Oscar Trial: Hollow point bullets vs normal rounds

PRETORIA - As the Oscar Pistorius murder trial continues to grip public attention, much has been made of the specialist ammunition that was used to kill model Reeva Steenkamp.

Pathologist Professor Gert Saayman on Monday testified regarding the Ranger T-type bullets – the newer version of the old discontinued Black Talons – that caused massive injury to Steenkamps body after passing through a locked toiled door.

Pistorius is accused of murdering Steenkamp, but is arguing that he accidentally mistook her for an intruder. The Paralympian claims he fired off four shots in self defence, prompted by a feeling of vulnerability because at the time he was on his stumps at the time.

Saayman told how the ammunition that hit Reeva was specially designed to cause maximum tissue damage.

Martin Hood, an attorney specialising in firearms law, said while the Ranger T-type ammunition was very different to the full metal jack ammunition used by the South African police and for shooting practice, it was completely legal and often the ammunition of choice of private firearm users carrying weapons for self defence purposes.

According to Hood, ammunition is either classified as expanding or non-expanding.

Non-expanding bullets – commonly referred to as hard ammunition or full metal jackets – are usually made of lead encased in a copper coating. They are used mostly for practice and training and generally purposes other than hunting or self defence.

Hard ammunition is regarded as dangerous because it over-penetrates and if used to shoot a criminal, could easily penetrate the body and go on to hit a bystander, Hood explained.

This means that South African police are facing “a fair number of incidents” in which bystanders have been hit by bullets that had passed through targets and gone on to cause more damage.

Hood said he is currently representing a client who was accidentally shot by police who had fired at a suspect’s car. The bullet had penetrated the car and then hit his client, passing right through his head.

“He is little more than a vegetable now, in need of 24 hour care,” Hood said, explaining the impact of over-penetrating ammunition.

Expanding ammunition – popularly known as soft points or hollow points – are generally not available to the police and military in this country, but are legally available and commonly used by private firearm owners.

“It was developed to stop in the body. When it makes contact with something it starts expanding and slows down, kind of like a parachute, and is effective in taking down a target. The primary motive for its development was for US policemen who wanted to lower their liability,” Hood said.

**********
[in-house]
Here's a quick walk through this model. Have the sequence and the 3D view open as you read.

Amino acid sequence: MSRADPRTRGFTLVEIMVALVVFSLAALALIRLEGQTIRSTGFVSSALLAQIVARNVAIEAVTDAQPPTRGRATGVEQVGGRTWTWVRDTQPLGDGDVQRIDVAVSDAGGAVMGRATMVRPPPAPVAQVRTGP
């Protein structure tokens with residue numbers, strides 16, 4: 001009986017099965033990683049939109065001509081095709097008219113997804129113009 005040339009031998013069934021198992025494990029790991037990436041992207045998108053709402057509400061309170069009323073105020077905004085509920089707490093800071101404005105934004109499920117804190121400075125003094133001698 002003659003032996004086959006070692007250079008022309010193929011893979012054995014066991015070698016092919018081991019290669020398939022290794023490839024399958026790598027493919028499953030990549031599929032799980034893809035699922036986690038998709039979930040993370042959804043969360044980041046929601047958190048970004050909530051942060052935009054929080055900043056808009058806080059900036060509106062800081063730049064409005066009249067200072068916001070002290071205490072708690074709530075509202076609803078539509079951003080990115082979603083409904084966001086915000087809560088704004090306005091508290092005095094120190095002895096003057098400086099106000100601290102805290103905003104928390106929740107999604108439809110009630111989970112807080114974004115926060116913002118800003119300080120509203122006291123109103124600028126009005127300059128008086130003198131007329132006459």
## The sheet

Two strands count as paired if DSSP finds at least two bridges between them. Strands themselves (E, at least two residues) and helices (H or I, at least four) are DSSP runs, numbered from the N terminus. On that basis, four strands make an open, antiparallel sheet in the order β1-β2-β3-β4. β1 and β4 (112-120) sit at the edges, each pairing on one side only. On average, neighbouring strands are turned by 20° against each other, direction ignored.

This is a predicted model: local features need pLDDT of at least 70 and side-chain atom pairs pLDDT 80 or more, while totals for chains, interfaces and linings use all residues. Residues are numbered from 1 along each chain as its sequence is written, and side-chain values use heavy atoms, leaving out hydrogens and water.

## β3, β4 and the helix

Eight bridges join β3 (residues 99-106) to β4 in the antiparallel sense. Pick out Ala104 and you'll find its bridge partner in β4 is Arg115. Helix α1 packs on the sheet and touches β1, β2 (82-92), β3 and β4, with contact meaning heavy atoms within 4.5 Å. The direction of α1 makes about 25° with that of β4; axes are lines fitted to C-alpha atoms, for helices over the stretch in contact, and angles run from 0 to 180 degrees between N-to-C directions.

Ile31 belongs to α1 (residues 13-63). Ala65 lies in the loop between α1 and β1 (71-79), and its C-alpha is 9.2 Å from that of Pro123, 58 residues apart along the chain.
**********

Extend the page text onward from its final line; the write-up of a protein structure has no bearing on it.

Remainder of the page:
He said there was another category of ammunition described as “frangible”. This was a bullet designed to break up immediately on impact.

“If Oscar had used that type of ammunition, it would not have penetrated the door,” Hood said.

Explaining the workings of the Ranger T-type ammunition that he did use, Hood said the bullet would have struck the door and started to expand and then gone on to hit Steenkamp while expanding further.

“Theoretically speaking, her injuries would have been less severe if there had been no door,” Hood said.

He explained that the Ranger T-type brand is the new version of Black Talons – a brand of hollow point bullets taken off the market about 10 years ago. According to Hood, the Black Talons were withdrawn after a number of complaints were made by surgeons in America who had operated on criminals who had been shot with Black Talons by the police. The doctors complained that during surgery their latex gloves were being torn by the sharp bullet pieces inside their victims, exposing them to possible HIV infection.

As a result, the newer Ranger T-type brand was developed in its place.

Hood said the old Black Talons were black in colour and designed to splinter outward in sharp petals or shards. The new bullets, he said, look much the same but are designed to rather mushroom out as they expand and slow down.

Forensic investigator Chad Thomas of IRS Investigations said both The Hague and Geneva Conventions made provisions for the governing of weaponry and projectiles.

He said in essence, rounds in pistols (generally 9mm) or rifles were lead encased in copper.

He said hollow points, or “dum dums” as they are sometimes known, were outlawed for use in war and law enforcement but not for private protection.

“For self defence you can carry an array of different tipped bullets that mushroom or segment on impact,” he said.

- eNCA

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